• Phellinus ellipsoideus—which is from the same family as the largest recorded mushroom in the world—is being used by a company called MuSkin to make 100 percent vegetable leather. The mushroom is gathered and preserved, much like leather—but without the use of chemicals, making it more eco-friendly

The product resembles suede but is “much softer,” according to the Italy-based textile manufacturer. It’s breathable, pliable, naturally water-repellant, and suitable for direct contact with human skin.

It’s similar to, but not to be confused with, Jonas Edvard’s MYX—a Danish-made textile created by fusing commercial mushroom-production waste with hemp or linen fibers to create a durable yet flexible matrix.

• Mycelium-based leather, developed by San Francisco start-up MycoWorks, uses the key ingredient mycelium—microscopic, root-like threads of a mushroom that latch onto and colonize different substrates. The natural fiber can be grown and manipulated into myriad textures and shapes, according to Philip Ross, the company’s chief technical officer.

To transform the mycelium into a leather-like material, the team uses a process that can be tweaked depending on a customer’s specifications. The company’s scientists can alter the nutrition of the mushroom at different phases of its life cycle; adjust temperature, light, humidity, and gas levels in the mushroom’s environment; and apply essential oils or other organic substances to change how its tissue develops.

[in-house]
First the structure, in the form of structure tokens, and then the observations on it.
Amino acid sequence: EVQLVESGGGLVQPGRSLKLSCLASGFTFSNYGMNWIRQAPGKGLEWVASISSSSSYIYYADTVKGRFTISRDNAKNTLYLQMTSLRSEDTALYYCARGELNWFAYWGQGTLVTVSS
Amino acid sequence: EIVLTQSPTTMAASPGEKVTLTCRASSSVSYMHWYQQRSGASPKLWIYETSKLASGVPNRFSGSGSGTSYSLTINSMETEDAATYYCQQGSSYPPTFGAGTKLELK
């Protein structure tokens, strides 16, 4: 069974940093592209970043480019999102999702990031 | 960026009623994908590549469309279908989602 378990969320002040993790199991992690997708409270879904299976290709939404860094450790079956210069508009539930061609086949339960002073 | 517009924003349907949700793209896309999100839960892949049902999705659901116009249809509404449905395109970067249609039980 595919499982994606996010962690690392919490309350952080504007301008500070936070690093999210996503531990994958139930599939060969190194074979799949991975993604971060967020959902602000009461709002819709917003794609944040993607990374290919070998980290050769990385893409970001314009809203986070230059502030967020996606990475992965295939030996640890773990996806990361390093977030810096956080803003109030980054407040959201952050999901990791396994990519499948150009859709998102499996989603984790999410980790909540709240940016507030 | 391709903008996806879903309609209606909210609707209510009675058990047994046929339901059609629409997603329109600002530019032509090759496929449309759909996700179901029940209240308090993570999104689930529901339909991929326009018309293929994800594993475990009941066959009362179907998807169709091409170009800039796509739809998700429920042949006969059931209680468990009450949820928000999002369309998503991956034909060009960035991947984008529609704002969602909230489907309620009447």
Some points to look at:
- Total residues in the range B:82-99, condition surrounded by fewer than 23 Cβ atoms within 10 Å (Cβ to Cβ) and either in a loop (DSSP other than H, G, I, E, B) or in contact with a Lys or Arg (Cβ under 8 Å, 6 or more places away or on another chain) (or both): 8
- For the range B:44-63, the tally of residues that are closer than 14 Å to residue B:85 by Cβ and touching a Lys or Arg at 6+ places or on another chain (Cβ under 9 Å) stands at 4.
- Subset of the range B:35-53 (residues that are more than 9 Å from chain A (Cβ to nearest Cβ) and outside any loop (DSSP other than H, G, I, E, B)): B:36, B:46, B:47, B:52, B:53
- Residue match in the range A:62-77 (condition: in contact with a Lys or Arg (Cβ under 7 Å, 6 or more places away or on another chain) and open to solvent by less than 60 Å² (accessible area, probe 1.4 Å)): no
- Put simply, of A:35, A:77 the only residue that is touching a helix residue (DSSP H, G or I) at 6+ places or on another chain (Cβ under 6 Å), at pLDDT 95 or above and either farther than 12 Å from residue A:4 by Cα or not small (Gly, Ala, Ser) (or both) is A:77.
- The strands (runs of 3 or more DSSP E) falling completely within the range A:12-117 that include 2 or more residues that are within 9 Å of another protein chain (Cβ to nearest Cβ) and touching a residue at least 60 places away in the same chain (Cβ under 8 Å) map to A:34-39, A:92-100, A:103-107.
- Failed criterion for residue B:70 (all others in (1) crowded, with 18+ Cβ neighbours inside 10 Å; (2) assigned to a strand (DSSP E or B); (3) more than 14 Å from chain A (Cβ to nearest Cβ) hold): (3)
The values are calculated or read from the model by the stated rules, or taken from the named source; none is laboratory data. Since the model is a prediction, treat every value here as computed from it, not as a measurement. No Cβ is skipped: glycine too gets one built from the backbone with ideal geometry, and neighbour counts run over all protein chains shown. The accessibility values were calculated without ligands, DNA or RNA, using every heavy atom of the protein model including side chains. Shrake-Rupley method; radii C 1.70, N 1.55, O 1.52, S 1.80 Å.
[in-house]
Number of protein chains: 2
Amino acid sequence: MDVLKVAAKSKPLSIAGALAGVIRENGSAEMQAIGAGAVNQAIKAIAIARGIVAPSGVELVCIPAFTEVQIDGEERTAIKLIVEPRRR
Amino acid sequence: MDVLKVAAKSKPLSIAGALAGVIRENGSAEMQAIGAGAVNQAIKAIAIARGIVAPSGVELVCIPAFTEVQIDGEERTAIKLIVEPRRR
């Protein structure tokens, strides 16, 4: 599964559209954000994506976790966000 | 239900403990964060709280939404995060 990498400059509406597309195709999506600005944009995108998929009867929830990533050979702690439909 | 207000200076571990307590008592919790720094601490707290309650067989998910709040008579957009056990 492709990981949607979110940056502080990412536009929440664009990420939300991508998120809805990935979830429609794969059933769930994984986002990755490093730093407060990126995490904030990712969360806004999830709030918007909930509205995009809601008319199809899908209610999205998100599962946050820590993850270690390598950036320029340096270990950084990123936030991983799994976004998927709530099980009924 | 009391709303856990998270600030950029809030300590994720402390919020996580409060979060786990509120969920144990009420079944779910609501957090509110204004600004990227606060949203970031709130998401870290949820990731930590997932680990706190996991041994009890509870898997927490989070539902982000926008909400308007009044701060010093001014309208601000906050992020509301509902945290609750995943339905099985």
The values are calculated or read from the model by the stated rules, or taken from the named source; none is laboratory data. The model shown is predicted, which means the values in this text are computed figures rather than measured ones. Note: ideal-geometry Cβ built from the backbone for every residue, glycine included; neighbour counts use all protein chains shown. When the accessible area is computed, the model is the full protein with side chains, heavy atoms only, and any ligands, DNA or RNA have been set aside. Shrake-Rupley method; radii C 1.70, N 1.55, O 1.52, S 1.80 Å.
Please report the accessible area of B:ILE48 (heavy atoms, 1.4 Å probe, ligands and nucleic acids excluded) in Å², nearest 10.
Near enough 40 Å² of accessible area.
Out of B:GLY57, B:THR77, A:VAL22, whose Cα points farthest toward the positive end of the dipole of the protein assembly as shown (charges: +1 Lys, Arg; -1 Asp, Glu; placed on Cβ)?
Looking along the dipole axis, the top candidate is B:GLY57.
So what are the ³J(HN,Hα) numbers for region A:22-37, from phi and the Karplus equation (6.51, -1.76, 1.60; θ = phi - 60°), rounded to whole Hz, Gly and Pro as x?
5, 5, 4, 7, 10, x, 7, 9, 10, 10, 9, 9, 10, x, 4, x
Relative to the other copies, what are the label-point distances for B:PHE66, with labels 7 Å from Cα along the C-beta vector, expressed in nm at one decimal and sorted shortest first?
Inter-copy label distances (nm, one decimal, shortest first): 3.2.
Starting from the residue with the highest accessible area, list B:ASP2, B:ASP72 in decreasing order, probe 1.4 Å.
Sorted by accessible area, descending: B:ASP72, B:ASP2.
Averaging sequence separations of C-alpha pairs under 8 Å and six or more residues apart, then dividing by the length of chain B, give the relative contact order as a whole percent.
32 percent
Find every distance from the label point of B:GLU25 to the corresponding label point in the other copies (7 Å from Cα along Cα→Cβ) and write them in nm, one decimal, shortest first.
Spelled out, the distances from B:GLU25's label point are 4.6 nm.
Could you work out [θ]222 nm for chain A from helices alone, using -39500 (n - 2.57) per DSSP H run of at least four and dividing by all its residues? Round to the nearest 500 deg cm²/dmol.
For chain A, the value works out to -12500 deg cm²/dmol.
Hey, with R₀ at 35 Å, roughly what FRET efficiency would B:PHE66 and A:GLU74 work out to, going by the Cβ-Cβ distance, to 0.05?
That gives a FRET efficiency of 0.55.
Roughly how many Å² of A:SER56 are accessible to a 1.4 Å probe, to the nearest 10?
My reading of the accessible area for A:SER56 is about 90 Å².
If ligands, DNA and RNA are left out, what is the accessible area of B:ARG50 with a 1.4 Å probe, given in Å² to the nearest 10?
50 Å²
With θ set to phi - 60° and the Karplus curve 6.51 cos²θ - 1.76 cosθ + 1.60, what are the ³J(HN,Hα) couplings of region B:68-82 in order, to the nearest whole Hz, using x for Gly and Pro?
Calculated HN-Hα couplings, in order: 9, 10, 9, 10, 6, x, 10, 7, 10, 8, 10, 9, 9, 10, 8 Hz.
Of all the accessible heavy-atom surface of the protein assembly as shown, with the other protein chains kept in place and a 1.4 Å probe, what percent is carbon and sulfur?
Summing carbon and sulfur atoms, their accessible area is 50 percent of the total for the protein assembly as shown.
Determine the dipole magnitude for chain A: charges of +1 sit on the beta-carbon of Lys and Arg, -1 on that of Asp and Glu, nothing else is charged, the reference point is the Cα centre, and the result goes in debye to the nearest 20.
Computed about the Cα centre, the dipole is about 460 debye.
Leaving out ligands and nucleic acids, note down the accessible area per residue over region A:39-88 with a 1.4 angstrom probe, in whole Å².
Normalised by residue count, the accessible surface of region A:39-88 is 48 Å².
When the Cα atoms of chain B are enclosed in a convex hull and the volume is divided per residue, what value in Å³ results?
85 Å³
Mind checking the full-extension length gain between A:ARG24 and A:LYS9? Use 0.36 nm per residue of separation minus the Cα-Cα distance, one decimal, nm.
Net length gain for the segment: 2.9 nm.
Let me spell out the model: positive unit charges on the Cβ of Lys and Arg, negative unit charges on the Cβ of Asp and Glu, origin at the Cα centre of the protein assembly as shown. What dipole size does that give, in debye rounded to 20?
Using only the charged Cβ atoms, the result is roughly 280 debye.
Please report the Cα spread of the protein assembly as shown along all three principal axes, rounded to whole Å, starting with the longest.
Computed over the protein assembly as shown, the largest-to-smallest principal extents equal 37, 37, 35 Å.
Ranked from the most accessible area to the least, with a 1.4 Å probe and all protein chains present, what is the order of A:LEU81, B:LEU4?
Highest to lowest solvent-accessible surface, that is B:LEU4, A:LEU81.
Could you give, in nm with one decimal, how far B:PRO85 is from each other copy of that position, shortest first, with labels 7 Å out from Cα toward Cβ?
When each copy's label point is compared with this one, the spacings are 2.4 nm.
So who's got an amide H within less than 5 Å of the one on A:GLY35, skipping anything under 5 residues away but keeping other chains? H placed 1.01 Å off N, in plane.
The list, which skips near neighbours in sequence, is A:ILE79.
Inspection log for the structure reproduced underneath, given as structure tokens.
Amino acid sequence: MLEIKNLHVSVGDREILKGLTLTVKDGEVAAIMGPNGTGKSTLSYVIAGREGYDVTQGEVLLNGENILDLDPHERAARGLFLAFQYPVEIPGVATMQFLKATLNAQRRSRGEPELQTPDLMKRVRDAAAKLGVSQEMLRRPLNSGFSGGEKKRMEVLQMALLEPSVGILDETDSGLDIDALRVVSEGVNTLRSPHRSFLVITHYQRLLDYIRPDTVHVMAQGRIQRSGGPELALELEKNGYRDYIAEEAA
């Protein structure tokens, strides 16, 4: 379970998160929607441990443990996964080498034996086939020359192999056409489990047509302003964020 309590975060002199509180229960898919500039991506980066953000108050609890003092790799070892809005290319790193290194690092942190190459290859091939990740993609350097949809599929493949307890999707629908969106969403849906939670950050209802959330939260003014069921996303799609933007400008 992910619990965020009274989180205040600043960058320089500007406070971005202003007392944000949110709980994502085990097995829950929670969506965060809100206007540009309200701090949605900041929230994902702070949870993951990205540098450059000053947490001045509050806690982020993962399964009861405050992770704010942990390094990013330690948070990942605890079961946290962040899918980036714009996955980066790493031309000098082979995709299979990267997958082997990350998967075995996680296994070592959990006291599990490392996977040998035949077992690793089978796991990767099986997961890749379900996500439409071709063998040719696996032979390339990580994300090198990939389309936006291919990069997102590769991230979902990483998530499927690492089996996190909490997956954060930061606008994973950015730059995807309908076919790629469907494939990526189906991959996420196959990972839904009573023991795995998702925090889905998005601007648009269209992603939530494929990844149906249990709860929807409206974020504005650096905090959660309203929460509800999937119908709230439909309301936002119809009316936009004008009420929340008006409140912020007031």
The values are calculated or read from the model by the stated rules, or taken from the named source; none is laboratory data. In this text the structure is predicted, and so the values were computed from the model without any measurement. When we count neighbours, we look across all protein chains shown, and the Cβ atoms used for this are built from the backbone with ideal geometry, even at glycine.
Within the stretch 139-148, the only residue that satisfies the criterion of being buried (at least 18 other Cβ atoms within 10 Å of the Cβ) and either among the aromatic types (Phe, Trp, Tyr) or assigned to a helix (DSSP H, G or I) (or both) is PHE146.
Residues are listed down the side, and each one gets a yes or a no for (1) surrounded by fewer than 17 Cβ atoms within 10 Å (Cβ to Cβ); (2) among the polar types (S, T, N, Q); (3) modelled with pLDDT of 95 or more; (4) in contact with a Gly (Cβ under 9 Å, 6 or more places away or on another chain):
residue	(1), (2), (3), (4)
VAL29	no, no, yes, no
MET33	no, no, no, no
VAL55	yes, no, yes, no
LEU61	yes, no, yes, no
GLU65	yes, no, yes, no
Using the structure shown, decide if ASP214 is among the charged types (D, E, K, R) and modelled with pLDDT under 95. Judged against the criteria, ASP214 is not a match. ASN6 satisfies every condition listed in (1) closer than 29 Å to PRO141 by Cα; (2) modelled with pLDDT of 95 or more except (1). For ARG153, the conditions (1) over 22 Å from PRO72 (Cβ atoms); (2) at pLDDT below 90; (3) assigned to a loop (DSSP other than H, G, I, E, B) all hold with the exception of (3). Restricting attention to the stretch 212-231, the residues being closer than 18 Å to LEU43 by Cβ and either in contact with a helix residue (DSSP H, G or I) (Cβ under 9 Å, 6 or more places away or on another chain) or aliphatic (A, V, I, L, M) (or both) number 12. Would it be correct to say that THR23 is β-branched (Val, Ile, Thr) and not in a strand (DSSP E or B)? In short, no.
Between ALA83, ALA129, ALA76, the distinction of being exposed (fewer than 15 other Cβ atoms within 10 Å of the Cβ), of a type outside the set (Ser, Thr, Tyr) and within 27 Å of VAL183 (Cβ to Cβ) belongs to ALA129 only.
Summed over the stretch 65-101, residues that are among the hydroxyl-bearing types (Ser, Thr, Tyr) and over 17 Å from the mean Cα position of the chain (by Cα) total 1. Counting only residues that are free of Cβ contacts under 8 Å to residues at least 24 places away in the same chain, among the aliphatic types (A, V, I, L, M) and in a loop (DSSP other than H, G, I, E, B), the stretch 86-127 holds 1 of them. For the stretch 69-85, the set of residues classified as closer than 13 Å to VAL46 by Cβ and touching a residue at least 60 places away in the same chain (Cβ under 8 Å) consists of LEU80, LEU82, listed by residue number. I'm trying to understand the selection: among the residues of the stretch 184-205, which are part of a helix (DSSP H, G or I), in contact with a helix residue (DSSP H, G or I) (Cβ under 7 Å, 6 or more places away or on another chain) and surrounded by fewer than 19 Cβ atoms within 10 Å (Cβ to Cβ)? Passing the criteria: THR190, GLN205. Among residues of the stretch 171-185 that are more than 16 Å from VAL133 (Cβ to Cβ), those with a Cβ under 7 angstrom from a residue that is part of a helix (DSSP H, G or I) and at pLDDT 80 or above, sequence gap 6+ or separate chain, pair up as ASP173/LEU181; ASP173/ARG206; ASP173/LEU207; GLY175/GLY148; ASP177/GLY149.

“It has a plasticity that you can’t have with animal hide ,” Ross says. But the company is still testing its durability—it’s experimenting with preserving oils and other agents used in traditional leatherworking—and working on ways to scale up production. Ross says that, at present, the company can produce a slab of mycelium that’s 27 square feet—comparable to a full-size cowhide—in two weeks. The hope is to get the process down to about a week and eventually ramp up production to produce millions of square feet efficiently each year.


There are so many other vegan leather options that you could probably drive for a whole day before finishing an audiobook about them, so please visit PETA.org [https://www.peta.org/living/fashion/vegan-leather-chic-sustainable-and-fruity/] to learn how other materials—from pineapples to kombucha tea—are being used to produce animal-friendly materials. My site also has more information on this issue as well as a video with Stella McCartney’s thoughts on social responsibility in fashion.

Deborah DiMare is the founder of www.VeganDesign.org, an accredited online educational course geared to students, designers, retailers, manufacturers, and companies in the design and textiles industries seeking to gain knowledge of vegan design and strengthen their professional credibility and distinction. She’s also the founder of www.DimareDesign.com, an ultra-luxury, 100 percent vegan interior-design firm. You can contact her at [email protected] or [email protected].